Non-business Energy Property Credit: Claim a tax credit for 10% of the cost of qualified energy efficiency improvements and 100% of residential energy property costs. Limits apply.
6. Home Improvement Tax Breaks
Those hammer and nails will finally pay off, because improvements made to your home can lend themselves to tax breaks! Just be sure you keep the receipts and track the cost of major improvements so you can prove the costs you claim. Using a home equity loan or other loan secured by your home to finance improvements? That loan will qualify for the same mortgage interest deductions as your primary mortgage. Another reason to track capital improvements is for resale value. When and if your home sells for more than you paid for it, that extra money could be taxable income depending on various factors. Home improvements can help lower taxes by increasing your tax basis.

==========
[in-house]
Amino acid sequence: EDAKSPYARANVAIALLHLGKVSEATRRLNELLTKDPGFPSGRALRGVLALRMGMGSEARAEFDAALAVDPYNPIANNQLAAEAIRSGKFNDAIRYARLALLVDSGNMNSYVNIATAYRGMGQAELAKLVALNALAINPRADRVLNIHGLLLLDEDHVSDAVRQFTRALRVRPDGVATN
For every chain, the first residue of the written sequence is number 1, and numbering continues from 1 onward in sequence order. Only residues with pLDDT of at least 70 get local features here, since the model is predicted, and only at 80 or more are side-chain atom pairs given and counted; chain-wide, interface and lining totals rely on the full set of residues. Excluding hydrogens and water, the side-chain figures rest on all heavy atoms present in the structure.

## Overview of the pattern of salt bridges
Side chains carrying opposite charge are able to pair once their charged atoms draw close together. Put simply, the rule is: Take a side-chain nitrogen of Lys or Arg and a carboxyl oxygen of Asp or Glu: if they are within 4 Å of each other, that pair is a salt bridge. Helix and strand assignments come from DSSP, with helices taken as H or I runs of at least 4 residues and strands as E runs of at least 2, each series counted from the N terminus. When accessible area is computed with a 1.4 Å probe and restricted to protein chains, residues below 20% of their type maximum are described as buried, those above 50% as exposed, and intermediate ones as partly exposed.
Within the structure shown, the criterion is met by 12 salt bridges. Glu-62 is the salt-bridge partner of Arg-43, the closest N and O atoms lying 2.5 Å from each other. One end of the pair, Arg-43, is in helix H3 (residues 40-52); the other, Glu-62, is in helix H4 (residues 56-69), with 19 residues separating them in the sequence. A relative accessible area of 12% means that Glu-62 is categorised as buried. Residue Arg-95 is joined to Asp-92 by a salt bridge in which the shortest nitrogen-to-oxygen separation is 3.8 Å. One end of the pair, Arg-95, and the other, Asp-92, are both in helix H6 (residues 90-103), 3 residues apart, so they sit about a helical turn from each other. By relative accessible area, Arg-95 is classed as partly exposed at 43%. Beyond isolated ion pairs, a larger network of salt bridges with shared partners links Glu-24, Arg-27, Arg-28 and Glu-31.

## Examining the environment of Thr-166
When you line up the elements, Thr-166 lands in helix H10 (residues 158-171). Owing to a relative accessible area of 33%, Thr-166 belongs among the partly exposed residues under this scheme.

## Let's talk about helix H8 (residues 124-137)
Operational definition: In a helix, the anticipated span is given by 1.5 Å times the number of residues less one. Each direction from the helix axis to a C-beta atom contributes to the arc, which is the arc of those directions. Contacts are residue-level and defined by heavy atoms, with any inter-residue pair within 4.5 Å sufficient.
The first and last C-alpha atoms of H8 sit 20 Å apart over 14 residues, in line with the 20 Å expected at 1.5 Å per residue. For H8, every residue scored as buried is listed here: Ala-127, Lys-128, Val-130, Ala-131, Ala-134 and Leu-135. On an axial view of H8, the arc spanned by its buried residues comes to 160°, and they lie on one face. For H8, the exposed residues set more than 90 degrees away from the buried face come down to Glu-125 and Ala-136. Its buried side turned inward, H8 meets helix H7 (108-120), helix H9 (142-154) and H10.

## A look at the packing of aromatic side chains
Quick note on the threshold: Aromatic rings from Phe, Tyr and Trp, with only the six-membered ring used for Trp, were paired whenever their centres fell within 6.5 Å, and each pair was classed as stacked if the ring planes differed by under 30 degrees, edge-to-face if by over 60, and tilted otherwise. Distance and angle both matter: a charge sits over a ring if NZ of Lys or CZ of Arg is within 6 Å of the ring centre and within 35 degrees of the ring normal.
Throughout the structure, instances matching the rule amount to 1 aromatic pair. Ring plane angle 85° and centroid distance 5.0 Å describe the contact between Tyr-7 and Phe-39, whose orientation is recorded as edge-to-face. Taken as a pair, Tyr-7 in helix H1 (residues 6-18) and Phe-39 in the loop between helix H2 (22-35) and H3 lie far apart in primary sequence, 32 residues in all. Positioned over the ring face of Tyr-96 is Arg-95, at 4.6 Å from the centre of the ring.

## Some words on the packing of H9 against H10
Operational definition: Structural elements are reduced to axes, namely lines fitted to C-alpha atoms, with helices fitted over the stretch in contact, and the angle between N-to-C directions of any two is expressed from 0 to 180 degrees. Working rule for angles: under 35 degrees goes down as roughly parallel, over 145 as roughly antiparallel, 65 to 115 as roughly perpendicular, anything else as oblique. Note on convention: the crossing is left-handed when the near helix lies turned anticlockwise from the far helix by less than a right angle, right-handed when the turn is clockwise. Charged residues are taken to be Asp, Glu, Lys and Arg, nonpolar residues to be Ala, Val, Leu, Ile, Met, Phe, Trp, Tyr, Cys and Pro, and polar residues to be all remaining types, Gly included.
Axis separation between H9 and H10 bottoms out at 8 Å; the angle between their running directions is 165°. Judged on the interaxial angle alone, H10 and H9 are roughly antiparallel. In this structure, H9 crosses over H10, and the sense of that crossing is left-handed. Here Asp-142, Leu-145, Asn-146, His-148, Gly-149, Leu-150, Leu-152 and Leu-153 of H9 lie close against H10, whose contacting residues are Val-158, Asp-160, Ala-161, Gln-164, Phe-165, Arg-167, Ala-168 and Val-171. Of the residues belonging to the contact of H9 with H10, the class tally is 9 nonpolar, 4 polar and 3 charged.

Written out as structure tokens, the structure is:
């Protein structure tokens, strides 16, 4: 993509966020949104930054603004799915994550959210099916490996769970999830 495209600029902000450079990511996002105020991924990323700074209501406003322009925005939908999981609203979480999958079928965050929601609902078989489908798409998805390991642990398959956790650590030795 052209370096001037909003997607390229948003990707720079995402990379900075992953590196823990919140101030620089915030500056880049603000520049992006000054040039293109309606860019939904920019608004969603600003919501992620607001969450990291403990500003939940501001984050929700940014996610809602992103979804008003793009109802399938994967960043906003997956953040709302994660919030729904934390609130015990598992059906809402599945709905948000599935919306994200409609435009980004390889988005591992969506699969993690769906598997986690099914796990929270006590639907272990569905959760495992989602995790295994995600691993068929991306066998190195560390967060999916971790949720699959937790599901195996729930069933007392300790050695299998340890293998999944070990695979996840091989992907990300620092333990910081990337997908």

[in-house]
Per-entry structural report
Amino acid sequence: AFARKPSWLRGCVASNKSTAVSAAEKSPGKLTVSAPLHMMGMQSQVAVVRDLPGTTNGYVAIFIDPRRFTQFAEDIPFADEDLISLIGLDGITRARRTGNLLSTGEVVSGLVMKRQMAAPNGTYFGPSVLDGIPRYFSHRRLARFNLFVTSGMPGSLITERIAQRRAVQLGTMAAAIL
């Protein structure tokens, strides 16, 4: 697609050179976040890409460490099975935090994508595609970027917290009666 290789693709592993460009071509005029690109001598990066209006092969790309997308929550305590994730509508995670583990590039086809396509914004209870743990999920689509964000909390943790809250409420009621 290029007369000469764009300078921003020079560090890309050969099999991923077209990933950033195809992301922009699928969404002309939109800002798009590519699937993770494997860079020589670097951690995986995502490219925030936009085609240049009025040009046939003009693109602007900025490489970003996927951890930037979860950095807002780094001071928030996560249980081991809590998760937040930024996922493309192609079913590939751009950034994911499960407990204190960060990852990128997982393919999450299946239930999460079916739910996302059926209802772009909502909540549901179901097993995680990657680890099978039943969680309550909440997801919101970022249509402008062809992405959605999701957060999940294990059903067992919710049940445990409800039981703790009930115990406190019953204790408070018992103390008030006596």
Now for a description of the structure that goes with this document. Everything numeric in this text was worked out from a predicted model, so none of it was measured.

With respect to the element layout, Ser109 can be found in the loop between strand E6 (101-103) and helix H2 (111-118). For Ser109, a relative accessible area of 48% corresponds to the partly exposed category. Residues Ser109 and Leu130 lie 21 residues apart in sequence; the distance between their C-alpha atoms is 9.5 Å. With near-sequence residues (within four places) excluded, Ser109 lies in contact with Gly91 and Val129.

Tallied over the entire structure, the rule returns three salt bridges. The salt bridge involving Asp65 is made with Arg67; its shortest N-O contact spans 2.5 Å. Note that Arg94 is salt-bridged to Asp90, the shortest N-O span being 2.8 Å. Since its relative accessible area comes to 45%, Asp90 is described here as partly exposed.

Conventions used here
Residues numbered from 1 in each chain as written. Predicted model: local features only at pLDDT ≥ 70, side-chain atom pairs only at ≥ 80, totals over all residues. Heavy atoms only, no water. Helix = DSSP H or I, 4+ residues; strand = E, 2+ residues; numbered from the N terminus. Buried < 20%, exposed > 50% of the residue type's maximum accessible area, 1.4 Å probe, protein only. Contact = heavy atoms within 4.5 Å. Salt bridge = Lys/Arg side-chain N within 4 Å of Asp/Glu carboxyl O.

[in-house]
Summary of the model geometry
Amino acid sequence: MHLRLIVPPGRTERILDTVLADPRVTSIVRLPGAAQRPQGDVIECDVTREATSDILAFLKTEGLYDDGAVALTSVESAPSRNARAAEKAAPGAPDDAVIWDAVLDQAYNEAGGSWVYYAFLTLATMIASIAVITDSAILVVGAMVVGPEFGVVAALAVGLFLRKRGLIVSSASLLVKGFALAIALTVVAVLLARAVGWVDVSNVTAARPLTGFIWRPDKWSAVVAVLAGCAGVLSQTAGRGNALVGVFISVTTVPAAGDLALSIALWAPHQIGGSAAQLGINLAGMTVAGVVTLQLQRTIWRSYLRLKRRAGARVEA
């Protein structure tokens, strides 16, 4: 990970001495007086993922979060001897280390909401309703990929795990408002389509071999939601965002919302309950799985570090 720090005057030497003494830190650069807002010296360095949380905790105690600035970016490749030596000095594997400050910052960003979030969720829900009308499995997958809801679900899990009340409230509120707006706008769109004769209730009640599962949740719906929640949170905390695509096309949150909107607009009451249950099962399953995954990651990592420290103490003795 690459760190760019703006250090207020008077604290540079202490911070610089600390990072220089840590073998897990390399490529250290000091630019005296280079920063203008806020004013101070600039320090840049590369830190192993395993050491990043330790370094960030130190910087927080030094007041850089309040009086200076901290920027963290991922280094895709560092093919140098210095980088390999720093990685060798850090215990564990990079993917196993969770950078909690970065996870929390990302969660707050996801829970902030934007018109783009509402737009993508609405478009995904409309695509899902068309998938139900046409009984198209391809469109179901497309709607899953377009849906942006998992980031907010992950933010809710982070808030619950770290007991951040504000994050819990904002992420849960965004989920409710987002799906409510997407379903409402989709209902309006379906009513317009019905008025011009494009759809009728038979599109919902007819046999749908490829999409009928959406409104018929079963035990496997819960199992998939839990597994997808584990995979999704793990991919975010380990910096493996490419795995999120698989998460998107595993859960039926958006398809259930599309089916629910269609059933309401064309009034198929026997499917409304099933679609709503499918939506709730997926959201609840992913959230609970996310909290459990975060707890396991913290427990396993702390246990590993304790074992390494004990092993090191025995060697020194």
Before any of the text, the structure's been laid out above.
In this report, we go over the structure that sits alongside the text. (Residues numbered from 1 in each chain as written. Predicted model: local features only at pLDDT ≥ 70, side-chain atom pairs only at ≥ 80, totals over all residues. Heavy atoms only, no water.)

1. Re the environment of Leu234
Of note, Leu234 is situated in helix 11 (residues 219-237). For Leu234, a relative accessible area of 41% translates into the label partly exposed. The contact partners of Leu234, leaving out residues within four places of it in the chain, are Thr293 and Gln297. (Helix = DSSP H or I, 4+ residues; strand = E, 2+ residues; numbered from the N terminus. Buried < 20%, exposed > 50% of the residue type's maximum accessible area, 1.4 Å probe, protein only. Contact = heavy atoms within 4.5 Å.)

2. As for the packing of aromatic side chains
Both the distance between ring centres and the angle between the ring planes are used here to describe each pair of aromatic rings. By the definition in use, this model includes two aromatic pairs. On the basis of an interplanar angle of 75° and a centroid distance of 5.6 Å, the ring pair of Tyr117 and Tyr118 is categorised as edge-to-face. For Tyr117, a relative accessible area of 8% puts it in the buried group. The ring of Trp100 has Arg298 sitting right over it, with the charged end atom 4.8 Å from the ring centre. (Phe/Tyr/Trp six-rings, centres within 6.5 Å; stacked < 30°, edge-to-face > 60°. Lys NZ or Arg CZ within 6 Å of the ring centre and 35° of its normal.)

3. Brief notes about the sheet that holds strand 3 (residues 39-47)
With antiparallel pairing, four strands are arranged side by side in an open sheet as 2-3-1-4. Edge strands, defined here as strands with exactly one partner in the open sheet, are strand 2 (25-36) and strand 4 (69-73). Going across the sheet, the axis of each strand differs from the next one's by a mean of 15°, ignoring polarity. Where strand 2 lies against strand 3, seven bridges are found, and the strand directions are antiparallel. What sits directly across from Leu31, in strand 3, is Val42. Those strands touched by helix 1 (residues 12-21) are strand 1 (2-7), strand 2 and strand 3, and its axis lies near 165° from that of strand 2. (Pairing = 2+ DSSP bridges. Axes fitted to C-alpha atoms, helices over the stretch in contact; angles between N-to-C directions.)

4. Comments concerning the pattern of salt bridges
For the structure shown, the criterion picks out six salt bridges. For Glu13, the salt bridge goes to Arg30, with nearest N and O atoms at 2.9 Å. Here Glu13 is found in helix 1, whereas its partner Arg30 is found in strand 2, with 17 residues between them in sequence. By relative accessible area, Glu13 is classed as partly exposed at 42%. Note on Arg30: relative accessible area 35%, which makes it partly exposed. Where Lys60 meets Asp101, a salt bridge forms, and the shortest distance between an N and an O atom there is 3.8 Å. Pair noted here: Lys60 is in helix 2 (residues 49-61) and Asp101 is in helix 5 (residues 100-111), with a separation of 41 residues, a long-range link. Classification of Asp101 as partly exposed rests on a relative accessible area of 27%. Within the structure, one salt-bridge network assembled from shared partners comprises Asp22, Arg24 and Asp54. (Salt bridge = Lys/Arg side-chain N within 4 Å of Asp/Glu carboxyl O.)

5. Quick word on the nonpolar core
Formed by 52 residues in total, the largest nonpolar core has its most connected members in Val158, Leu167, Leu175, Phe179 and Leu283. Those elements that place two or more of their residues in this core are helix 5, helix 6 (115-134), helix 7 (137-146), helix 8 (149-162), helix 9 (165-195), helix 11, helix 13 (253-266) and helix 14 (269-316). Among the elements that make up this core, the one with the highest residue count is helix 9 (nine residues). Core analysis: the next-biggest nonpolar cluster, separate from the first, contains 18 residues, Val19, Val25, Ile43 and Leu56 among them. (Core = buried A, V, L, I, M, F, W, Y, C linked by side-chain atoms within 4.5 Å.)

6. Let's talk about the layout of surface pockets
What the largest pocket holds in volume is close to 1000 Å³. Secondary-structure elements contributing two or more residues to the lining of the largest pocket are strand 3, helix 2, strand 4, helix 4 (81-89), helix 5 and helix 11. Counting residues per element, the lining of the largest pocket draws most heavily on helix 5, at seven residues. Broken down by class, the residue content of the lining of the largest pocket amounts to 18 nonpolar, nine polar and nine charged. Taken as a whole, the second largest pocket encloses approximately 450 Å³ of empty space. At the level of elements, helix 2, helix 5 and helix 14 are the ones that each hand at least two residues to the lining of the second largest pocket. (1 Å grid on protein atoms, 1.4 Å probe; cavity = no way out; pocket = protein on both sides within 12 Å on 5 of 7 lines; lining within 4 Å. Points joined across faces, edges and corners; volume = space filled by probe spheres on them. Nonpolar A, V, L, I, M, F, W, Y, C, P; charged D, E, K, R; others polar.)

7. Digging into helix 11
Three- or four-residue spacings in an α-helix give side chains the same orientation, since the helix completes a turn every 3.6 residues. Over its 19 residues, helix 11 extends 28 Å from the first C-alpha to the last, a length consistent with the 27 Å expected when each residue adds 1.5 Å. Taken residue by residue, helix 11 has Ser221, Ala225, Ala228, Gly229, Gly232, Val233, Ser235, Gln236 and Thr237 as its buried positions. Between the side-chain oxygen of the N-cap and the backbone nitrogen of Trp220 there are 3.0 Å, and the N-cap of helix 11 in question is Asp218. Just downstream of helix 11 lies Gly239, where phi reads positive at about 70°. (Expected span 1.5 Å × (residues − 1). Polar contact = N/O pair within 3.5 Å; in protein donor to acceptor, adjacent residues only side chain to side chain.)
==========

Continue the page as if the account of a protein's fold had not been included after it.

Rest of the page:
7. Tax-Free IRA Withdrawals
Did you know that IRA withdrawal penalties don’t apply to first-time homeowners? They define a first-time homeowner as someone who has not owned a home within the span of 2 years. First-time buyers are able to withdraw up to $10,000 ($20,000 for a married couple) from an IRA to purchase or build a home. (Side Note: The $10,000 limit is for a lifetime. Also, the government can still tax this money according to your tax bracket, so even though there is no penalty it should still be a last resort.)
Thinking about buying or selling a home in 2017? Our expert staff is always available to answer questions you may have about homes in the Knoxville, TN area. Feel free to contact us directly or start your home search with us here!